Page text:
The 2018 NBA Draft was absolutely stockpiled with young, immense talent available for selection all-around. Prior to the draft lottery, Kings fans were debating the merits of guys like Mikal Bridges and Mohamed Bamba. But for the second straight year, the Kings overcame the lottery odds and unbelievably jumped into the draft with the second overall pick, their highest selection since 1989.
There was no way they could mess this pick up. No way. Right? For a franchise who the basketball Gods have seldom favored, they gifted the Kings one of the best picks in a loaded class.
With the Suns seemingly locked in on Deandre Ayton with the 1st pick, many Kings fans and pundits expected the Kings to go after Euroleague star Luka Doncic, fresh off a Euroleague MVP and championship at just 19 years old. But it quickly became clear that the team was infatuated with Duke freshman Marvin Bagley III. By the time it came to pick, the Bagley choice barely registered as a surprise after multiple reports indicating the Kings thought he was their guy.
Flash forward to the 2018 Summer League and Kings fans got to watch Bagley for the first time in a Kings uniform. Excitement grew as Bagley and company would debut against the young squad of the Los Angeles Lakers.
To say it took Bagley a short time to expand the excitement was probably an understatement:
Posterizing the rookie your rival team selected in the first round is definitely one way to make any fan base go nuts, as that was the case with Bagley and Moritz Wagner.
However, Bagley encountered a rough stretch for the remainder of the Sacramento and Las Vegas Summer League games as he didn’t appear equipped to be a NBA player. His numbers in 31 minutes a game in Sacramento were 8.7 points on 31% shooting, paired with 5.3 rebounds and 2.0 blocks. In one game in Las Vegas, Bagley tallied 15 points on 39% shooting, seven rebounds, two assists, one steal and one blocks in 32 minutes. Improvements, but still concerning.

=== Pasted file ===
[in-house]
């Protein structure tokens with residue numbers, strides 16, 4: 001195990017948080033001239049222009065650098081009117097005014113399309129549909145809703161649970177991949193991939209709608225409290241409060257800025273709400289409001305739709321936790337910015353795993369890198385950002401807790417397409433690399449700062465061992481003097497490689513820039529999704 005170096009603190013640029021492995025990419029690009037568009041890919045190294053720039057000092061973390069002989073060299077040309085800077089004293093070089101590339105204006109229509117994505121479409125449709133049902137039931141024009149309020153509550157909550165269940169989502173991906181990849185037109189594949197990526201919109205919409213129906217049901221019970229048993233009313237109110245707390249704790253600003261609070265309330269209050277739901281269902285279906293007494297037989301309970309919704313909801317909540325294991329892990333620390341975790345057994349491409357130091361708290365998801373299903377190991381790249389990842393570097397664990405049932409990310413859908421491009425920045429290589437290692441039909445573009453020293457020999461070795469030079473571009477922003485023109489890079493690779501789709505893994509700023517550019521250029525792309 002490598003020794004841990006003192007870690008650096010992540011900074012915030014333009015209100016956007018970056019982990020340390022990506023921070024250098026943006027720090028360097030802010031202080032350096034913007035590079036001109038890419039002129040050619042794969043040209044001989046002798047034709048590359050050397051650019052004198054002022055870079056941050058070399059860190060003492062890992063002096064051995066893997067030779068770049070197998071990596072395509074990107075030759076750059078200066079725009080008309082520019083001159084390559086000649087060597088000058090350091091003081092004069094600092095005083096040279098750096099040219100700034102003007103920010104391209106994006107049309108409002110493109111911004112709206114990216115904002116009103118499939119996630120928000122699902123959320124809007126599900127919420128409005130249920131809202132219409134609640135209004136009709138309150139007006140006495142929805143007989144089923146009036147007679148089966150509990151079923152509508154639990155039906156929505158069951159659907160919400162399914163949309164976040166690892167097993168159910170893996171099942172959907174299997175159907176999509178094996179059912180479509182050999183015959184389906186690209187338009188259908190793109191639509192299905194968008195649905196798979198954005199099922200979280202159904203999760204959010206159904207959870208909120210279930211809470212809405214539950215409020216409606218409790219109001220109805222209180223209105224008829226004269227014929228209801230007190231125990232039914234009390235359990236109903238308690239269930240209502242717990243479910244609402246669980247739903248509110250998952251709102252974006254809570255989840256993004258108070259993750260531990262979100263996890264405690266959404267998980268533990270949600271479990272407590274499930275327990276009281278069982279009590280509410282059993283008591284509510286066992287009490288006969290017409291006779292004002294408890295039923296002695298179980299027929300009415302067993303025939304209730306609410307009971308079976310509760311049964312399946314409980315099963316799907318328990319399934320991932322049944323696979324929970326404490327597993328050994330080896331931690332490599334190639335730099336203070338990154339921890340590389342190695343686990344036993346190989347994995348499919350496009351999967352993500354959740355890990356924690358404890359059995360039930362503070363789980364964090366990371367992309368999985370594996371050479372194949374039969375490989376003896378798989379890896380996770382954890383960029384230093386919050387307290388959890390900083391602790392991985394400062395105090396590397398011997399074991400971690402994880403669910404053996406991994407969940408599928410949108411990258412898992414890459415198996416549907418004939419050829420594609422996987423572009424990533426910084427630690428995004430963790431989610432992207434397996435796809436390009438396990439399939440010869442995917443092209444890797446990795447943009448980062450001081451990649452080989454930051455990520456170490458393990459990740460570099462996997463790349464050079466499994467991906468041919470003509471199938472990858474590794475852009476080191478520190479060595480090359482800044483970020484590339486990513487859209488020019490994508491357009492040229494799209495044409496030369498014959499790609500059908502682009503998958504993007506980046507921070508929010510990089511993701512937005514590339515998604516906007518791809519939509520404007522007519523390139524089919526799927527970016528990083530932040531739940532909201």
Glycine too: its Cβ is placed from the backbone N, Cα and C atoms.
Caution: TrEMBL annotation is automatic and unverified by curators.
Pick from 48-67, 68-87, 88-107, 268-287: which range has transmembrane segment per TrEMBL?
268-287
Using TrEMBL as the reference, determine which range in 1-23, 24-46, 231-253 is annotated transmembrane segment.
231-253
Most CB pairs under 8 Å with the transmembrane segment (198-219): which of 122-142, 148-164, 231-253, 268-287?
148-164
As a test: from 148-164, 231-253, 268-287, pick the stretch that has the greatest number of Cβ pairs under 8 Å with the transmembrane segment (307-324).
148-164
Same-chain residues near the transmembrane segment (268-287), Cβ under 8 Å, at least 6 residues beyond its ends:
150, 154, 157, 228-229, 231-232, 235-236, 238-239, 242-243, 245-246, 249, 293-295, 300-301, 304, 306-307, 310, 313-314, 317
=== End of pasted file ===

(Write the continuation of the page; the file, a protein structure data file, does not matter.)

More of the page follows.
But then came the real deal, the NBA regular season. Approximately seven months of basketball playing against some of the best athletes in the world for 82 games. Bagley’s Summer League and preseason had been discouraging, especially as Luka Doncic got off to a quick start, but Bagley was ready to prove the doubters wrong.
In just his second NBA game, he put up 19 points on 7-10 shooting, eight rebounds, three assists, one block and three steals. He went on to average 12.4 points and 7.1 rebounds a game in 23 minutes during the month of October, which then grew to 13.6 points and a lower 6.6 rebounds in 24.7 minutes.
Injuries during the month of December affected Bagley’s consistency to stay on the court as he dropped to 11.6 points and 3.2 rebounds in 18.6 minutes a game. When the injury healed, Bagley returned with a vengeance. He went on to score 13.4 points a game and grabbed 7.7 rebounds in January, and had an even better February, where he averaged 17.5 points and 9.4 rebounds in 29 minutes, earning him a spot in the USA vs. World game during All-Star Weekend.